Animal Body Organization and Systems

The Immune System

The immune system protects the body against pathogens. Some parts of the immune system are nonspecific, while others are specific to the pathogen.
Every organism is exposed to substances that can cause harm to its body. Organisms protect themselves in many ways, including physical barriers and chemical neutralizers. Vertebrate animals have an advanced protective immune system. The immune system consists of a complex network of organs that contain cells used to recognize and destroy pathogens (disease-causing organisms or viruses) in the body. Pathogens are typically infectious microorganisms such as bacteria, fungi, and other parasites. The immune system also recognizes viral pathogens, parasites, and cancer cells.

There are many types of cells in the immune system. All immune cells are derived from stem cells in the bone marrow, but the differentiation of the cell types follows different pathways. Macrophages are cells of the innate immune response that engulf and destroy pathogens. Other cells of the innate immune system release chemicals that cause inflammatory responses that inhibit the growth and reproduction of pathogens, recruit other immune cells to the site of infection, and help body cells defend themselves against infection.

Lymphocytes are white blood cells that play an important role in the adaptive immune response. These white blood cells are highly differentiated, which means stem cells undergo many rounds of differentiation or processing in order to develop into a lymphocyte. There are two different types of lymphocytes: B cells and T cells. B cells initiate a specific immune response against extracellular pathogens. They produce antibodies, blood proteins that bind to pathogens. Bound antibodies can initiate a process that kills the pathogen directly or can signal cells of the innate immune system to engulf and destroy the pathogen. T cells are processed in the thymus. They can differentiate into different cells, such as cytotoxic T cells or helper T cells. Helper T cells produce chemicals that aid B cells, cytotoxic T cells, and cells of the innate immune system. Cytotoxic T cells recognize and destroy cells that contain intracellular pathogens.
There are many different types of immune cells used to mount an immune defense, but they all originate from stem cells found in the bone marrow (pluripotent stem cells). These cells may differentiate into the lymphoid or myeloid lineages. Cells of myeloid lineage are involved in the innate immune system and comprise macrophages (which destroy foreign cells), basophils, eosinophils, and mast cells (which cause inflammation), neutrophils (which signal other cells to mount immune response), and megakaryoctyes (which create platelets that cause blood clotting). Although they are produced from the same stem cells, red blood cells are not immune cells. Cells in the lymphoid lineage are part of the adaptive immune system and comprise B cells (which produce antibodies) and T cells (which regulate immune response).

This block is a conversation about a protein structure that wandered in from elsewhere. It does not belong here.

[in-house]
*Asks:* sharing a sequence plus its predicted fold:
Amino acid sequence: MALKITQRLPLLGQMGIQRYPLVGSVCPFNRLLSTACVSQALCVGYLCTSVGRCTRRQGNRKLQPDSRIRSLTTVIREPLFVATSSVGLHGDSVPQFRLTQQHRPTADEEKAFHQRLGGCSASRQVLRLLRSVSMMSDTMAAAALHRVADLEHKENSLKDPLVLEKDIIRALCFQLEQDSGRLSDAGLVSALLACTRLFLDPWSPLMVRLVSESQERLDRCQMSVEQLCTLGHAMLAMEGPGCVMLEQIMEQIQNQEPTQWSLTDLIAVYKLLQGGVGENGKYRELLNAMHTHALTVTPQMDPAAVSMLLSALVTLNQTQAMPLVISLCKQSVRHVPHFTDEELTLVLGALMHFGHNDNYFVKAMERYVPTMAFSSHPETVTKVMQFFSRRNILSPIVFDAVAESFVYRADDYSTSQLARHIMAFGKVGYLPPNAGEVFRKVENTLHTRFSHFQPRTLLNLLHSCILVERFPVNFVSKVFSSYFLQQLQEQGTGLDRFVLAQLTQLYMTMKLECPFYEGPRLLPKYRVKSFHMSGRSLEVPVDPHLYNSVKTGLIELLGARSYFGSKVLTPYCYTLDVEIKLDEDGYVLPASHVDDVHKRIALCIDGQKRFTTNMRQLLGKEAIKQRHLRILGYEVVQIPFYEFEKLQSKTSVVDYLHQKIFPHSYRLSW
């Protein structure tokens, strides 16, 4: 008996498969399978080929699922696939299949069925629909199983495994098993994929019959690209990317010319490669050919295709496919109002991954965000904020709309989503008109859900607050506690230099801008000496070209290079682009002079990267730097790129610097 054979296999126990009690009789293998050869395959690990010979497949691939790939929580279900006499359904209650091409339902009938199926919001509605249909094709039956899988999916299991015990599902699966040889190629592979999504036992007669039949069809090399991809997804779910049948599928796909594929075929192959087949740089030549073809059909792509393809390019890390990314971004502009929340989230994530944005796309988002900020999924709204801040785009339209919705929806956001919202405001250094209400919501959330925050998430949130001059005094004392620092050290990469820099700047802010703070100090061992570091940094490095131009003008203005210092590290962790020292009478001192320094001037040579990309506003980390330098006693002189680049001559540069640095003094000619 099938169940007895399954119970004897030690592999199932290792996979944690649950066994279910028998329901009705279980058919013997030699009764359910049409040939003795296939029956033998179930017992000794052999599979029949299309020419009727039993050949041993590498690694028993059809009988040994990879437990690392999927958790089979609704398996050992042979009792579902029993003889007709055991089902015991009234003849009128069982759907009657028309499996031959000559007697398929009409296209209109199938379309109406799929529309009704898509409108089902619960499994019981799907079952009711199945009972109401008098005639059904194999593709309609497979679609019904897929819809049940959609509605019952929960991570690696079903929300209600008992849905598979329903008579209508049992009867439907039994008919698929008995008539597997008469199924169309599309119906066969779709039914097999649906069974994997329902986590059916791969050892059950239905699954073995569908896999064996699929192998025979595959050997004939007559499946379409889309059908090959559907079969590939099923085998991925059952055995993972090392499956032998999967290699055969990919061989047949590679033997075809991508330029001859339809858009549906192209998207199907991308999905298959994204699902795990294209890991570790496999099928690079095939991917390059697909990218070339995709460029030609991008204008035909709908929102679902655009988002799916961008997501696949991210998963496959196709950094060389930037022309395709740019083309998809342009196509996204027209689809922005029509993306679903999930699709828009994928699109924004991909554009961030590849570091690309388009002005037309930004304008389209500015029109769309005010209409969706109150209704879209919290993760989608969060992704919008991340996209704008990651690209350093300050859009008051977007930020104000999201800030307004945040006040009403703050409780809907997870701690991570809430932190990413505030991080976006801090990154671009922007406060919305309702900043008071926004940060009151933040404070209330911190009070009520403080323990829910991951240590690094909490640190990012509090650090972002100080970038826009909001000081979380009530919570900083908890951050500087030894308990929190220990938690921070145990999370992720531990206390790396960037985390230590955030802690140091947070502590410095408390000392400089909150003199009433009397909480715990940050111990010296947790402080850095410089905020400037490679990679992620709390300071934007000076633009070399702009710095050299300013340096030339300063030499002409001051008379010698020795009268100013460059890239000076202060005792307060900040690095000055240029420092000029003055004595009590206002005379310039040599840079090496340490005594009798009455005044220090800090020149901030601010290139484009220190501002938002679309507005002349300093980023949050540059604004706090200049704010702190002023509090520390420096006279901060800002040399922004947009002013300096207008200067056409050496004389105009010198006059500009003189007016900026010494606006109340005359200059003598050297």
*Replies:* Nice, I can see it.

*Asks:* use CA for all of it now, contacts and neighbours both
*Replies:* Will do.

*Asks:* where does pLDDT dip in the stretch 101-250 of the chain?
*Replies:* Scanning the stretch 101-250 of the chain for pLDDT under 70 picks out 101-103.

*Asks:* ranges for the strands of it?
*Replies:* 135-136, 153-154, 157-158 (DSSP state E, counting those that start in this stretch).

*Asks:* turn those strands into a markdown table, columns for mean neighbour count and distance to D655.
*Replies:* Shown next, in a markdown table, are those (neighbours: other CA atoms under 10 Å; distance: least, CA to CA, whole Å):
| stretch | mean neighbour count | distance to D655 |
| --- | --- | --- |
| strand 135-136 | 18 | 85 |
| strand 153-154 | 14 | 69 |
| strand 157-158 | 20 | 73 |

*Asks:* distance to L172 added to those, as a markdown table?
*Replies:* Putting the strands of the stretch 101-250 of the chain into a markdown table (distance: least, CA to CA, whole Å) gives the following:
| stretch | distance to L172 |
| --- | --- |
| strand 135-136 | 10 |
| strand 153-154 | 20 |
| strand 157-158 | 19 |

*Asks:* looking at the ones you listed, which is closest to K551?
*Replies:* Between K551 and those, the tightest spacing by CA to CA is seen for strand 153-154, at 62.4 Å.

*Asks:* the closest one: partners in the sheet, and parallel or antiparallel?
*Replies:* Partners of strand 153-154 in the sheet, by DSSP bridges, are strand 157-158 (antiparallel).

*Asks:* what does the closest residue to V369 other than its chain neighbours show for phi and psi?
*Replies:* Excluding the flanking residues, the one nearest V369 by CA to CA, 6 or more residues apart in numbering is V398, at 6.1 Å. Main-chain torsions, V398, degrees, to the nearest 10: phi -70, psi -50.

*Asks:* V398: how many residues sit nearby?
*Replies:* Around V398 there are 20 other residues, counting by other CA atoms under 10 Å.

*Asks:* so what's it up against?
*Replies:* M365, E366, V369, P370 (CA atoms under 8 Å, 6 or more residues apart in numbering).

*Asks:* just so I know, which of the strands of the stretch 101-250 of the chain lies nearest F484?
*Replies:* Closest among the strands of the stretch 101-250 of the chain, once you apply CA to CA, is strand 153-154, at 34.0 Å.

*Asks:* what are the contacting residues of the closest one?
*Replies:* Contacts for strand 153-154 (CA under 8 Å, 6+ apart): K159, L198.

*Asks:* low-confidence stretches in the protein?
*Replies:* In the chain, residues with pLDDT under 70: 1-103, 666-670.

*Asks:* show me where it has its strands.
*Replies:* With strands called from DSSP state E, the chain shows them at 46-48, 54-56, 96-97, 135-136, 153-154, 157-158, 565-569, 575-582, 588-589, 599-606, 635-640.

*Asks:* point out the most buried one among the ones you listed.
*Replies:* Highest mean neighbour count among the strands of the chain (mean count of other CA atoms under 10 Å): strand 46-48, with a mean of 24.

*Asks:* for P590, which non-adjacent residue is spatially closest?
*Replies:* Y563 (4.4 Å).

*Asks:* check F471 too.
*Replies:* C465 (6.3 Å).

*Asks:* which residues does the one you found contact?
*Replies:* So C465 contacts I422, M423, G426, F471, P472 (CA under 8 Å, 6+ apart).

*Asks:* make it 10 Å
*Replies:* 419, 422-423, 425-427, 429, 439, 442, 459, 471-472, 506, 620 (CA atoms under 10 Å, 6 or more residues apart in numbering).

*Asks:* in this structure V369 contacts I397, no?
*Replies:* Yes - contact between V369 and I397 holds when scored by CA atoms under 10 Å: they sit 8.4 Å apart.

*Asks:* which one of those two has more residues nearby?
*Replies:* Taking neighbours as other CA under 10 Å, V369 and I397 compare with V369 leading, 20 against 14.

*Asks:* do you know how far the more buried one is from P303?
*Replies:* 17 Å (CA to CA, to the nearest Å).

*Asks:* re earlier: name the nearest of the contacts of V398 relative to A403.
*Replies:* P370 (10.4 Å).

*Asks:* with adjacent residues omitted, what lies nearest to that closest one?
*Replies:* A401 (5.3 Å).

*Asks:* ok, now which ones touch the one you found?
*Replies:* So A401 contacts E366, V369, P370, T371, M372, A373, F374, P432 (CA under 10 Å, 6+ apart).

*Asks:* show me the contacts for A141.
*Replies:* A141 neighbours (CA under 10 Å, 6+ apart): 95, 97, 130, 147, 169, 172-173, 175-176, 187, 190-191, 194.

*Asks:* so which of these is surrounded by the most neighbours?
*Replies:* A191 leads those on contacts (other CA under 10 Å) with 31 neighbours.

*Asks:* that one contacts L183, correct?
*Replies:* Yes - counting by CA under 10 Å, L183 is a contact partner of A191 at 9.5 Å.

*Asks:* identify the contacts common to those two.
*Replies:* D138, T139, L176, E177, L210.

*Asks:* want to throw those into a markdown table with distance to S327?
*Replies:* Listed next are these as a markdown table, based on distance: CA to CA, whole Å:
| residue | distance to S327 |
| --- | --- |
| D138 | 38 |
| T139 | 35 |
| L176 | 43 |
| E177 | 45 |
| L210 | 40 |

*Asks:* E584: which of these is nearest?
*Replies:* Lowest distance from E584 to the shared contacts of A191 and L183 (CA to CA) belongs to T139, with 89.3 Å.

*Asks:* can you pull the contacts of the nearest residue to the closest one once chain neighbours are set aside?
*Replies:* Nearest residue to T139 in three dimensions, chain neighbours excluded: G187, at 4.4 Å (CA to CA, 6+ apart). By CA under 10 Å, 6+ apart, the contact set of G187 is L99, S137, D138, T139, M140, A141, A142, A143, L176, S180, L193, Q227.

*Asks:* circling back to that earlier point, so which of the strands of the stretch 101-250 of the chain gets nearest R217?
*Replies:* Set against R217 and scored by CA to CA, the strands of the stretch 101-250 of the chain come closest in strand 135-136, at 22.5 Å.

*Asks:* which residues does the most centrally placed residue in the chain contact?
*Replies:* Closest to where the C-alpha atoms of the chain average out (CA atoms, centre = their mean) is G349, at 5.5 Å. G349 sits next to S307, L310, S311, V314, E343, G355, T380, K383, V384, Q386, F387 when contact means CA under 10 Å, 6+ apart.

There are two types of immunity: adaptive and innate. Innate immunity is a natural immune defense that all animals possess. This includes barrier defenses, including physical, chemical, and mechanical defenses. Barrier defenses include the skin, which functions to keep foreign objects out of the interior of the body. The mucus found in body openings constitutes a chemical defense, and the movement of foreign objects out of the body through ciliary action or coughing and sneezing are mechanical defenses.

Defensive cells of the innate immune system are activated if a pathogen passes the physical and chemical barriers. A very broad range of pathogens is recognized in innate immunity, and the response is non-specific. The macrophage is an example of a nonspecific immune cell. This cell type releases chemicals called cytokines that induce an inflammatory reaction in the body to inhibit the growth of pathogens and prevent the infection of tissue. These cells ingest and destroy foreign organisms in a process called phagocytosis. Cells of the innate immune system also release chemicals that recruit cells of the adaptive immune system to the site of infection.

Adaptive immunity is activated after the innate immune response begins, and it develops more slowly. The adaptive immune system mounts a response that is specific to the pathogen via specialized cells that recognize and destroy the pathogen. Lymphocytes of the B and T cell lineages are the primary cells of the adaptive immune system. B cells have receptors on their surface that recognize molecular structures on the surface of pathogens. Once a B cell receptor binds its ligand, the B cell releases antibodies that bind to specific molecules on the surface of the pathogen. These molecules are recognized by macrophages and increase the phagocytosis of the pathogen. The antibodies also trigger a chemical process that destroys the pathogen, called the complement cascade. B cells are effective against extracellular pathogens, such as most bacteria. T cells also have a receptor that recognizes specific molecular structures; however, these structures are presented to the T cells by cells that have been infected. T cells with CD4 accessory molecules are called helper T cells and release cytokines that help both B and T cells function. T cells with CD8 accessory molecules are called cytotoxic, or killer, T cells. Cytotoxic T cells release chemicals that destroy infected cells. T cells are effective against intracellular pathogens such as viruses. The adaptive immune response is stronger and faster upon repeated exposure to the same pathogen. This is due to the generation of memory cells during an immune response. These cells are already primed to react, should the same pathogen be encountered again.